They may also be able to use specific psychological instruments as opposed to general mental health assessments to test this defendant. These test scores could then be compared against the profiles of people who were truly not guilty by reason of insanity versus those that were not as determined by a jury. Psychologists can administer tests of symptom exaggeration to see if the defendant is faking it.
These interviewing, testing and research methods are all within the purview of psychology and psychologists in general. However, applying these methods and principles of psychology to the specific question that is related to a legal issue thereby makes this work forensic psychology practice.
Therefore, it is important to bear in mind that to be an excellent forensic psychologist, you really have to be an excellent psychologist in general. Certainly, there are other skills you need for the specialty of forensic psychology that are necessary to be effective in this area. These skills include how to handle testimony and particularly cross-examination, how to identify a specific psycholegal question, how to ethically engage in forensic psychology practice given the unique ethical requirements and how to resist strong partisan pressures placed on these professionals by attorneys, examinees, and family members they are interviewing.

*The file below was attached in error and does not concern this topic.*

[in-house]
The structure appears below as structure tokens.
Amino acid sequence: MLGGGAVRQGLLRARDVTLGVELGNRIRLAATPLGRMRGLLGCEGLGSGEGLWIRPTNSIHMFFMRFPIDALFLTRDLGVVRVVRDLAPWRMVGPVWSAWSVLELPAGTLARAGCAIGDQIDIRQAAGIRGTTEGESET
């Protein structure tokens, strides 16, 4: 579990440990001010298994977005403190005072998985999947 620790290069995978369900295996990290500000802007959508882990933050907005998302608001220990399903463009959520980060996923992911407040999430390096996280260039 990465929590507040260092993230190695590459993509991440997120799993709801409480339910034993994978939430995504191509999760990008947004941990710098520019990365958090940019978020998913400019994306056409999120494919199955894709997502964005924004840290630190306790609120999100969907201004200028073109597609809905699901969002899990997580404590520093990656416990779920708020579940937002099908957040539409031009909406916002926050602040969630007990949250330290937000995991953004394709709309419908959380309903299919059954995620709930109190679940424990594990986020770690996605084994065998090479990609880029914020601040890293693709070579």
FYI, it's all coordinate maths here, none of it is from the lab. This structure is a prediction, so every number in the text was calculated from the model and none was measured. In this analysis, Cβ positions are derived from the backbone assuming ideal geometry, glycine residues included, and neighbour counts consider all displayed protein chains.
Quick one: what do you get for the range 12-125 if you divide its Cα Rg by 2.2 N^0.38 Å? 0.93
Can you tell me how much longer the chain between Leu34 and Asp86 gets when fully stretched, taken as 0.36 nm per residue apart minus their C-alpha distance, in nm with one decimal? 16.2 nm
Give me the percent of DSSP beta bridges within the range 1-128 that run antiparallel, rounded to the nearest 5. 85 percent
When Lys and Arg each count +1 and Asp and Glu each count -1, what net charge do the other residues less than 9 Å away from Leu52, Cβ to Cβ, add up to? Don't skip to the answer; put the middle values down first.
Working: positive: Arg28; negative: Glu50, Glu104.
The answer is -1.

So, there you have it! This is the practice of forensic psychology. Are you surprised? We’d love to hear your comments below.